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Alright, the question might be broad. We've been looking at Jboss and a few other similar app. servers.

From the feature list it would be perfect for replacing our soon to be outdated homegrown reporting application on the server side. But at this point, for 2 developers, just grasping all the setup, configuration, administration, tuning,testing not to mention the APIs and programming itself just seems way too much, too big, too complex.

What path does people take to become familiar and productive with such application servers ?

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Start with a simple one, and only use a more complex one if you really need the features.

For example, Do you really need the full JBoss stack? Would Tomcat not be sufficient? It's much less of a handful.

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Incidentally, the JBoss configuration that we use in production has had most of its guts removed, we just use the features we need. It's quite flexible that way. – skaffman Jun 21 '09 at 23:08

I would approach this the same way I approach anything new.

Start with the documentation - read the introduction and basic setup/configuration documents. Then move on to tutorials and maybe some simple apps that I find interesting. In your case, maybe port a few features over to the new system. As time goes on, you should get better with the tools at hand.

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From my experience using one is the best way to learn what you like/dislike about it. Once you have a project set up for one application server it should not be too much work to migrate it to another. I am currently working on an application that we develop & test daily using a simple Tomcat v6 server, but which runs in production on both Websphere Application Server and JBoss.

As a side note for your development, I strongly recommend looking into integrating your Eclipse development environment with your chosen application server through server adapters - it will greatly speed up development tasks and simplify the debugging process.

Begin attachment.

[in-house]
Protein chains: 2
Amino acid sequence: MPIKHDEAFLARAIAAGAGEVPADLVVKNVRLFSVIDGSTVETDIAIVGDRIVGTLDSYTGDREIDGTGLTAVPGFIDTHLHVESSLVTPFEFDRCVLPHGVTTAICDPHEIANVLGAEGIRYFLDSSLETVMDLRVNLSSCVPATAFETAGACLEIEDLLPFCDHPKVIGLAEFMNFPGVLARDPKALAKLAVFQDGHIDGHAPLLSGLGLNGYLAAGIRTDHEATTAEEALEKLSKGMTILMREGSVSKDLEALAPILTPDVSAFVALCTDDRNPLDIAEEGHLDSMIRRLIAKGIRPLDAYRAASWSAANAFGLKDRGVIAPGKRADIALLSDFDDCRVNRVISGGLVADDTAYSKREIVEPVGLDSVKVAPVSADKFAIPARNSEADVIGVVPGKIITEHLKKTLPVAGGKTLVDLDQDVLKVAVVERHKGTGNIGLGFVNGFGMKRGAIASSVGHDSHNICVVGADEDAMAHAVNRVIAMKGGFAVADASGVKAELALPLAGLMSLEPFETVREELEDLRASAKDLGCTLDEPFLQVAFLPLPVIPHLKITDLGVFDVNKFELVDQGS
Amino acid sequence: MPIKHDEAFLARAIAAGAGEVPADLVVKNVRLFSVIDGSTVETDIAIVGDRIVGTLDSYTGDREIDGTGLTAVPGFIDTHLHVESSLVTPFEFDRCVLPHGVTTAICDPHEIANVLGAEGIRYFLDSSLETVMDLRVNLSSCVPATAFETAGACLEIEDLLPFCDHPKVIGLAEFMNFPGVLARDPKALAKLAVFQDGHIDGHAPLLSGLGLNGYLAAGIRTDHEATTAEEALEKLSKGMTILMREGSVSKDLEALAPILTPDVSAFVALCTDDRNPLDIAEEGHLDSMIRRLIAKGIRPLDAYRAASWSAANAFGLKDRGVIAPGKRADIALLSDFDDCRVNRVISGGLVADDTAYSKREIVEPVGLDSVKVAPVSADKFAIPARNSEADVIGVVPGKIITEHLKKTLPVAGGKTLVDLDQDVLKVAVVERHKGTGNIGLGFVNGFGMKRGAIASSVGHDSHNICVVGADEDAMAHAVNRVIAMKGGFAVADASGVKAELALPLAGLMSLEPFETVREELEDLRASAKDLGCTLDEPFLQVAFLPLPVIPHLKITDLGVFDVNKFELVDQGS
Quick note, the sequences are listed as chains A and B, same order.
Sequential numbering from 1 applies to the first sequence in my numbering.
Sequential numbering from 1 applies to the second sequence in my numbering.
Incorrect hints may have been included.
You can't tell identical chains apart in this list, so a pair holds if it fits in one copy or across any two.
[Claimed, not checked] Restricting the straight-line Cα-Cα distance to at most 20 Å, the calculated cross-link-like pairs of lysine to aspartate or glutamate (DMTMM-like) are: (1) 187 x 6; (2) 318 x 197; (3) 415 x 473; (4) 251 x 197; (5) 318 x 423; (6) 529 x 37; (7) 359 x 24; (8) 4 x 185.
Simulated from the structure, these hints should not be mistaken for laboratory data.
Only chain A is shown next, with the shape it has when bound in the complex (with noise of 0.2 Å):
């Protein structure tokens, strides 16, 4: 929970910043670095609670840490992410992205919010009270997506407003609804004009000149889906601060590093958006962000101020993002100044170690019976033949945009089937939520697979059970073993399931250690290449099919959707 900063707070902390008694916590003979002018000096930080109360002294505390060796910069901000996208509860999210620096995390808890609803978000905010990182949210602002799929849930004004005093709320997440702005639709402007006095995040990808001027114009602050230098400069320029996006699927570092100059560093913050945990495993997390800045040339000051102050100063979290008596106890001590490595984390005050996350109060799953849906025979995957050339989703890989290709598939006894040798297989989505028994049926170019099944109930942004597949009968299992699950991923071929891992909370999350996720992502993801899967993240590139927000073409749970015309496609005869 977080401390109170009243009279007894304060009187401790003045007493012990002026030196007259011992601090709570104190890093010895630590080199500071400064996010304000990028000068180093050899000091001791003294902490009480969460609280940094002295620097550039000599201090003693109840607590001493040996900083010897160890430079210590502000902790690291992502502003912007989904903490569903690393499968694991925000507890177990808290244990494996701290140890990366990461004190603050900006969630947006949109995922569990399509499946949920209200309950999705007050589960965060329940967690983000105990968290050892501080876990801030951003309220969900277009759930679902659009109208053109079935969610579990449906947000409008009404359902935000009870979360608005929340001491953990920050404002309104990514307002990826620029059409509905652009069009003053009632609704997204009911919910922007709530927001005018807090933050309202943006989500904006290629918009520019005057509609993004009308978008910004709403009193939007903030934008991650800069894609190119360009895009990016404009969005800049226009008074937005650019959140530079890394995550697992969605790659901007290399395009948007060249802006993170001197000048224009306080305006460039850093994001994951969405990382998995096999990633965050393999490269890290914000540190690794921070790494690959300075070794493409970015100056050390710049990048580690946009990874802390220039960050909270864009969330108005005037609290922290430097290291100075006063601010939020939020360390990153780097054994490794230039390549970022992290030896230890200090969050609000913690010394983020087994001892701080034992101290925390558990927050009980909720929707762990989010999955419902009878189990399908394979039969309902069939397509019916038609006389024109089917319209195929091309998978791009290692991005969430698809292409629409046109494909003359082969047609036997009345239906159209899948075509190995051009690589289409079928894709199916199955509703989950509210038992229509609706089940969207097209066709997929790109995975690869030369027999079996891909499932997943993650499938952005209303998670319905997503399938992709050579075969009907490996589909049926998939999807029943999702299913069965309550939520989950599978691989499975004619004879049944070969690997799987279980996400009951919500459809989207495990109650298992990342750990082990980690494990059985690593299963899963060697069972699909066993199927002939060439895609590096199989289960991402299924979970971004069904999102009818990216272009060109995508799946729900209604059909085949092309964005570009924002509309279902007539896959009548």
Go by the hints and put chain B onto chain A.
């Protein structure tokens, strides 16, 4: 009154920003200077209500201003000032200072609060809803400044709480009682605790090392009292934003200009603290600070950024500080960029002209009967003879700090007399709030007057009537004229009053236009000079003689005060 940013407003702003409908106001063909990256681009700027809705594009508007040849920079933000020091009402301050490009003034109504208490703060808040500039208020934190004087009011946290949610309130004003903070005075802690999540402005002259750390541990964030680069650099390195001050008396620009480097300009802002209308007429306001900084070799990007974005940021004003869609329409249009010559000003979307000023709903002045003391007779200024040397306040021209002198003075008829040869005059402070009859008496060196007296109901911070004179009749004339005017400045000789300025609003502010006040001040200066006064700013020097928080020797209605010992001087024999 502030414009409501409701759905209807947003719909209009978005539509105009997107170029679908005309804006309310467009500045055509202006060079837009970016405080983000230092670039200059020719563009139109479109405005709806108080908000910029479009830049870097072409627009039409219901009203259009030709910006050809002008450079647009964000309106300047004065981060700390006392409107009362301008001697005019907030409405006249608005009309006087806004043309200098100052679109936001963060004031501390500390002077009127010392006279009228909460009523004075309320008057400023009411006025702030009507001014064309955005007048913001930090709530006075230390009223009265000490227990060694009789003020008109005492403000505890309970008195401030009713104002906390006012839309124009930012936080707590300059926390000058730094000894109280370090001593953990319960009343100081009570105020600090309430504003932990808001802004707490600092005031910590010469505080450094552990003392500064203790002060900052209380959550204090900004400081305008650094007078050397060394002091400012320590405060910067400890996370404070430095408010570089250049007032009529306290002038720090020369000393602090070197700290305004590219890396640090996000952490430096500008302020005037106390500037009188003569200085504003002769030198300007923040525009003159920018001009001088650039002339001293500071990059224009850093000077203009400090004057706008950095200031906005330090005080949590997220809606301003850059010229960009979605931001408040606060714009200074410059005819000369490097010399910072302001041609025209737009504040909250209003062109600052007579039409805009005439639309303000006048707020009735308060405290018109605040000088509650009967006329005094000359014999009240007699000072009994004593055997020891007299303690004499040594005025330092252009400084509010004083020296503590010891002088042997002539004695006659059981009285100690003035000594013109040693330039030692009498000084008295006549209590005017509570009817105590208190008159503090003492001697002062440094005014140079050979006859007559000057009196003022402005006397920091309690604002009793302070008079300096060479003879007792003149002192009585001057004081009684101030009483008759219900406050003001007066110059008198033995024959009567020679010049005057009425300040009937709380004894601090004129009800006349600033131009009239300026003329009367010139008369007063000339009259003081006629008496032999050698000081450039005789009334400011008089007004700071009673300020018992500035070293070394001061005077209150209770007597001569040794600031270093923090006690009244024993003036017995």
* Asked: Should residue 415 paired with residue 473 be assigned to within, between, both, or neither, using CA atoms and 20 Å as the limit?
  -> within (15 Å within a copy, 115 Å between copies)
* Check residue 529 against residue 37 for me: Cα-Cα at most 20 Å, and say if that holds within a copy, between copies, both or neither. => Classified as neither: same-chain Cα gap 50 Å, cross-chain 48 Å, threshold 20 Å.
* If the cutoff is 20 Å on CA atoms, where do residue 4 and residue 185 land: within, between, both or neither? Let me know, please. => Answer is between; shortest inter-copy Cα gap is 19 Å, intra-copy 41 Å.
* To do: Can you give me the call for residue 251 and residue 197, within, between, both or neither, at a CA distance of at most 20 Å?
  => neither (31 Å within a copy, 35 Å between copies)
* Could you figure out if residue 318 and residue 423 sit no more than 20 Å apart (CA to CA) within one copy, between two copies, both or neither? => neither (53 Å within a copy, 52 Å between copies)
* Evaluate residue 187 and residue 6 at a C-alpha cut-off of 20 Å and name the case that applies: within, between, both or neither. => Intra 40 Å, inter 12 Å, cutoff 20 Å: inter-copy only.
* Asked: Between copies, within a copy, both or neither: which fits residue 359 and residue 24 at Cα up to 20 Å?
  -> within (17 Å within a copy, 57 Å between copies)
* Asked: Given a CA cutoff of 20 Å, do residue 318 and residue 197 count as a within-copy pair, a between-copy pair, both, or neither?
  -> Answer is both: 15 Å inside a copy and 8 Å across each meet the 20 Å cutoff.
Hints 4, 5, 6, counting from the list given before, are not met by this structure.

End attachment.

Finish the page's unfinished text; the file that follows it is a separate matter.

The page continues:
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I'd say that the minimum features for using Java EE are:

  1. Servlets and JSPs, written using JSTL (no scriptlets)
  2. JDBC
  3. JNDI for pooling database connections (optional but recommended)
  4. Basic authentication for security

You can accomplish a great deal knowing just those. If you want to minimize the learning curve, I'd recommend starting with those and staying away from EJBs, JMS, Struts, JSF, etc.

Another benefit is that this subset of features is common to both servlet/JSP engines, like Tomcat, Jetty, Resin, etc. and full-blown Java EE app servers like WebLogic, JBOSS, WebSphere, etc. An app that runs on one should be portable to any of the others, as long as you stay away from app engine-specific extensions.

You should realize that there's a trade-off here. You'll have to develop pieces that might be easier if you leverage the app server more. But hopefully you'll start with some simpler problems and work your way up once you're comfortable with the basics.

There's another approach: Hire an experienced guide to help you with training and mentoring for the first project. A six-month gig with a reputable consulting firm might get you started.

Last of all, I'd recommend Spring. It would also have a learning curve, but it's a good alternative to Java EE EJB development.

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